Instead of adding all activities manually, you can import tasks directly from a CSV file, spreadsheet, or email. While Asana’s lack of reporting might put off managers when it comes to opting for this PM tool, the rest of your non-technical team is likely to get accustomed to the interface from the very first minutes of using it.
Yet, Asana doesn’t leave out all features for project managers, providing a Timeline view—their version of a light Gantt Chart—and Portfolios to get a general overview of everything going on within the company.
The UI remains colorful and fun, something you’ll probably remember about Asana. See for yourself—once you hit the Tab+B command, it will fill your screen with cats—I’m not joking.
Surf their customer use cases page or head to the community to see how others use Asana. The community area covers integrations – including your developers and API tips and tricks – helpful hints, team onboarding, feedback, and announcements.
Compared to other cloud-based project planning software, Asana is often praised by its users for its intuitive task management system. The task list is modern, practical, and visually appealing. If you have a team of non-technical people who just need a basic, reliable, and easy-to-use task management system, then Asana should be the first thing you try.
However, on review websites, I noticed Asana users complaining that it’s missing basic task management features like multiple assignees per task. Having the ability to add a collaborator or a stakeholder from another department who needs to sign off or help in some way would clearly be beneficial.
Asana invoicing? Sadly, no. Suppose you need something more technical, like time tracking on each task, or invoicing your client after completing your assigned tasks, then it would be better to try more specialized tools used in project management. There are great Asana alternatives, such as Paymo or Teamwork.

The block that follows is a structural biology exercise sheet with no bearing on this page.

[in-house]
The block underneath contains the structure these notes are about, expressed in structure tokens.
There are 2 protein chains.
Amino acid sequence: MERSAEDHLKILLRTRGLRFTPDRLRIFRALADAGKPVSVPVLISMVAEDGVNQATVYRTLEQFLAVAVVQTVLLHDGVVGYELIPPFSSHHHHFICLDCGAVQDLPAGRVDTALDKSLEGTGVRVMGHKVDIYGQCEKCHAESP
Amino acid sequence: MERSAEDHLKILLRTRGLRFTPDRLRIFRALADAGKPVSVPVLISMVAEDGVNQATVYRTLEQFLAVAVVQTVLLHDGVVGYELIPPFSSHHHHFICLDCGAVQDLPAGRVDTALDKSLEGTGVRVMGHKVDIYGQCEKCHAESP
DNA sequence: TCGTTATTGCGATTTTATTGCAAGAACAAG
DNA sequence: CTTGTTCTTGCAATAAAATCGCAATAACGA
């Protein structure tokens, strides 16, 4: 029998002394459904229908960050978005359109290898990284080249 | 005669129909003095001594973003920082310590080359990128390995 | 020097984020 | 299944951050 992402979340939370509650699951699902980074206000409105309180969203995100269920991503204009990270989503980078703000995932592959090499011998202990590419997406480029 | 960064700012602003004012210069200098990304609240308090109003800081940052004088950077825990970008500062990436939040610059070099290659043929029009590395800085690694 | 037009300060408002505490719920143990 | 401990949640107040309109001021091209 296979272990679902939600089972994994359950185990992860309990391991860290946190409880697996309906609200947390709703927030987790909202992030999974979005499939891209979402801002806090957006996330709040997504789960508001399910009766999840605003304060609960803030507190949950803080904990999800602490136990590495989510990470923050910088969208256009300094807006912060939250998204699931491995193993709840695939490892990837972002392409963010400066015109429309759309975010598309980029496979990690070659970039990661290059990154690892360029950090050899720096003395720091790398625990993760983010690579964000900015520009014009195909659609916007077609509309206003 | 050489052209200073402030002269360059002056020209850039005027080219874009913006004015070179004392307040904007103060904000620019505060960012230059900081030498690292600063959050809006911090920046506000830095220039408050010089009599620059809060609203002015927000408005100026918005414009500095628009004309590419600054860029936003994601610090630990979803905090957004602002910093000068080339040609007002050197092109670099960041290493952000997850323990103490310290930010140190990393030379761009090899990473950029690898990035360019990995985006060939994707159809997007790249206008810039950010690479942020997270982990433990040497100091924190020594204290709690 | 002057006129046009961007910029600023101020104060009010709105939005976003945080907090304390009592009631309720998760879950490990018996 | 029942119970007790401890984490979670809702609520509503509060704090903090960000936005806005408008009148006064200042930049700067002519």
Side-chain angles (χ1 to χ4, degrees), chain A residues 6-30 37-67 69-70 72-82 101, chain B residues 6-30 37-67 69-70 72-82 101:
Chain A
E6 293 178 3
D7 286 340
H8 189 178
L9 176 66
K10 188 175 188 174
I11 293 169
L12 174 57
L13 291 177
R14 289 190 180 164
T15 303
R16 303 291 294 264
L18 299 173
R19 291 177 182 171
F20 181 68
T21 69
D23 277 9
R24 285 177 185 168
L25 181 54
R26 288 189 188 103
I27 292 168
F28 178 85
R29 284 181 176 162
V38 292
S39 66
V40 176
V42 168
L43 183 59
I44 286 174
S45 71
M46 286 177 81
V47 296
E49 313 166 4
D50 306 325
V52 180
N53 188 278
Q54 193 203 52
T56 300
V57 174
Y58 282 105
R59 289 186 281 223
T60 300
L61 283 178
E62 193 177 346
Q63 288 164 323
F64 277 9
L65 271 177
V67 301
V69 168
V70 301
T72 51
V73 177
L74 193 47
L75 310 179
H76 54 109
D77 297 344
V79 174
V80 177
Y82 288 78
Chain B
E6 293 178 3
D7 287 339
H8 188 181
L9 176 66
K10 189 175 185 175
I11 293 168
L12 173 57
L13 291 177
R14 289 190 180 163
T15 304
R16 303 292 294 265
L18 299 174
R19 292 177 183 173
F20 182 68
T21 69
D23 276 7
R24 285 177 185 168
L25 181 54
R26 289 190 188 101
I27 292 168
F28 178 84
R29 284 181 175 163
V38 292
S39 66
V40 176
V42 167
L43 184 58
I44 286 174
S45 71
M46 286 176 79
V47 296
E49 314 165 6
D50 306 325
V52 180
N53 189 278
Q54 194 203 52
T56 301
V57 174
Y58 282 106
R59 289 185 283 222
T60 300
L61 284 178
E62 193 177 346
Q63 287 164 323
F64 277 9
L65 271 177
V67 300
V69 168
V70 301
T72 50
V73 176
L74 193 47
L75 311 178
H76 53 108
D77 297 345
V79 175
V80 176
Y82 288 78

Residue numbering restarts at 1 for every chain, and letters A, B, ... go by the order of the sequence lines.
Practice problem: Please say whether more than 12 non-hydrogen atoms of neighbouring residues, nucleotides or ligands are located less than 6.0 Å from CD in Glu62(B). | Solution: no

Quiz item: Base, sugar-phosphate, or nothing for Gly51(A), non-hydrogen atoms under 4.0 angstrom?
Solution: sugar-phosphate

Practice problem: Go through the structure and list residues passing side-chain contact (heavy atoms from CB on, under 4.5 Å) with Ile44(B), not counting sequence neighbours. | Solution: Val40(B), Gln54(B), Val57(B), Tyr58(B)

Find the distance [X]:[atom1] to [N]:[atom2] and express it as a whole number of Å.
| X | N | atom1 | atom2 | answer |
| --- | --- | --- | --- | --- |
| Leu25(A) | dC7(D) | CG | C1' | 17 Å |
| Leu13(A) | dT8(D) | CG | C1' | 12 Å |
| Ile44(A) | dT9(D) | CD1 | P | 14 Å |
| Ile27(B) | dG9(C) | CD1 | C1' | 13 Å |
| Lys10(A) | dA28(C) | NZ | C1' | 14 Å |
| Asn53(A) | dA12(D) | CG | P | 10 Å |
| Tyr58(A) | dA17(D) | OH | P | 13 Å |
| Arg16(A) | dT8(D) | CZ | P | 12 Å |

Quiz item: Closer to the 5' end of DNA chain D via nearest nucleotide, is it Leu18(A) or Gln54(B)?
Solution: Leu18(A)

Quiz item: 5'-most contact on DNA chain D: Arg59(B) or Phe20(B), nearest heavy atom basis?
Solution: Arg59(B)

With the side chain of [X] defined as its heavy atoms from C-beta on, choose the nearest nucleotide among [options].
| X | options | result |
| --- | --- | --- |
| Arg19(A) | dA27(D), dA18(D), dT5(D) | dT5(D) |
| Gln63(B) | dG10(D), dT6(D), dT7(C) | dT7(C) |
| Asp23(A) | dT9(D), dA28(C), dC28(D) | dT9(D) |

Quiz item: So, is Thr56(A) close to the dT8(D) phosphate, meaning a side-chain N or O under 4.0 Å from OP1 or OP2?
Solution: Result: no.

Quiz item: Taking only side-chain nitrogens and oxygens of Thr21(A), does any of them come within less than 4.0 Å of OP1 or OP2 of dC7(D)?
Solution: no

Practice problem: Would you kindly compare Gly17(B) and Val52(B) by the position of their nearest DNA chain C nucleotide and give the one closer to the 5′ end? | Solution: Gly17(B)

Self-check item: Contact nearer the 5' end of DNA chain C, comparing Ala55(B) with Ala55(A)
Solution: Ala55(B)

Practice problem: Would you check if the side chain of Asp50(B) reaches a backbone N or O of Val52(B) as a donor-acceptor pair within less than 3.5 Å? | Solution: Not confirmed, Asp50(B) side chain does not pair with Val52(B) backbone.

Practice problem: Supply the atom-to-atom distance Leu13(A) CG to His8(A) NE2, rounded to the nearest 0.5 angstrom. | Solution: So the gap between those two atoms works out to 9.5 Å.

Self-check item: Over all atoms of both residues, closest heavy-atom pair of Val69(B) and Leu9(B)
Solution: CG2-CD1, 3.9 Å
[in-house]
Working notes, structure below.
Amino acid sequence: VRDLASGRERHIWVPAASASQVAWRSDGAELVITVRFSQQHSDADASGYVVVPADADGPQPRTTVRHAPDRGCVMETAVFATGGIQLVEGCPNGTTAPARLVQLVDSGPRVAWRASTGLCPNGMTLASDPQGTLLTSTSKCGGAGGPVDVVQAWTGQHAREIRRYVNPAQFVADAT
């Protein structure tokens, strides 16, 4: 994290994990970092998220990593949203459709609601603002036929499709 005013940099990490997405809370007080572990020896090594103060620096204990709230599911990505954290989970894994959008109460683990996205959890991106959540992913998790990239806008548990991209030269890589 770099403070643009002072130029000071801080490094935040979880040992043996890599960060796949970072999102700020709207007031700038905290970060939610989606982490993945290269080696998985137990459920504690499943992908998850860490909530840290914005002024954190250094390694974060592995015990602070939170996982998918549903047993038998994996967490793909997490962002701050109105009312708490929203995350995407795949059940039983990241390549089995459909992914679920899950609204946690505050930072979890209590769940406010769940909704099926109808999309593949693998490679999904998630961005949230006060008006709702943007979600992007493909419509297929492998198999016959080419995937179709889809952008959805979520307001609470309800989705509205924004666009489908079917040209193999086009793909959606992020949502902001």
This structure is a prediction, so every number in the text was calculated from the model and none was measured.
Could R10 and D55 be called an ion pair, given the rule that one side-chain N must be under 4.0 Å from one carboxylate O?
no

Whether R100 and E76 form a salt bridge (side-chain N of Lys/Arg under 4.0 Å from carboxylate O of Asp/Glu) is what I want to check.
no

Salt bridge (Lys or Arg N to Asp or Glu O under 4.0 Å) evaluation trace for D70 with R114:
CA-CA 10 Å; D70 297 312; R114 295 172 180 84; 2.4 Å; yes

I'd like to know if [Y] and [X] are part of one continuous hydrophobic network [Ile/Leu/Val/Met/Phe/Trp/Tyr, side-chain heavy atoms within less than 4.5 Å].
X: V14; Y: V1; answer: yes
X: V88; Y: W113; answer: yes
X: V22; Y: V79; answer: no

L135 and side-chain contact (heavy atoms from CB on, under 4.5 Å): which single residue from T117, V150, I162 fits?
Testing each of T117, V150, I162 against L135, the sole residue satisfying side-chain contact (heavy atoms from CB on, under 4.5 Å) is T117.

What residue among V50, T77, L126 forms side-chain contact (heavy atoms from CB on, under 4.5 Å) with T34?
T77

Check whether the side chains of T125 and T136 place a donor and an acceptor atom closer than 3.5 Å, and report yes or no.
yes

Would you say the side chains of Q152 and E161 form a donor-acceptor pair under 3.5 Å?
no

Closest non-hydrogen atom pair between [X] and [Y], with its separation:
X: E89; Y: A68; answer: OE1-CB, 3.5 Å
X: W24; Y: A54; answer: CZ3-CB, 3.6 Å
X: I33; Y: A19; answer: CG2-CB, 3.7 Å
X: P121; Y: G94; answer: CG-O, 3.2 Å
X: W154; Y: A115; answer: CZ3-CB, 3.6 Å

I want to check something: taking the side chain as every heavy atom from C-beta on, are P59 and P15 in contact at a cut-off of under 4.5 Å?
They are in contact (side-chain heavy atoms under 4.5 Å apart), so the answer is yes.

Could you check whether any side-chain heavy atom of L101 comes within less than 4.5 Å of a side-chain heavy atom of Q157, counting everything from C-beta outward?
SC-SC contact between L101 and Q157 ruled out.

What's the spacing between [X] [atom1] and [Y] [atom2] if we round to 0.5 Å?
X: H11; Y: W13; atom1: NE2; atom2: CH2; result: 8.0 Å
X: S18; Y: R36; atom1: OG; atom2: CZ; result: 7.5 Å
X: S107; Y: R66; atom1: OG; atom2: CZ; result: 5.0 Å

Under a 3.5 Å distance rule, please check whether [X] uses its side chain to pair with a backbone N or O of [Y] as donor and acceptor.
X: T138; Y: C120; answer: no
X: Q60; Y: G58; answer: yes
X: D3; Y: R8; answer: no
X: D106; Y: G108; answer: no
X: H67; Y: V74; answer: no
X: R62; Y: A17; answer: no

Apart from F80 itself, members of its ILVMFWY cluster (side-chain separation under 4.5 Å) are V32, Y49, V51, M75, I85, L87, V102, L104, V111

Similarly, regarding task management issues, you can only see the first line of the tasks and can’t see the remaining ones until you complete the first one. Many users complain about this, saying that it doesn’t even make sense. But it does. If you add more visible descriptions, the interface would feel crowded, and then it wouldn’t be so simple anymore.
In the military, there’s a technical term for this called “commander’s intent”, meaning the desired outcome of a military operation. It must be clear and simple and easily understood by all subordinates below the commander. I’ll give you an example—an airline company. Let’s say that the commander’s intent of your airline company is to be the lowest-cost airline. So, when employees have to decide whether to add better quality food for longer flights, they just have to check the commander’s intent.
If adding better food increases the ticket price, then they won’t do it. All these small decisions will add up and, eventually, end up with the cheapest flight tickets. Even if the food is the worst and your airline company gets bad reviews, you’d still be the cheapest on the market.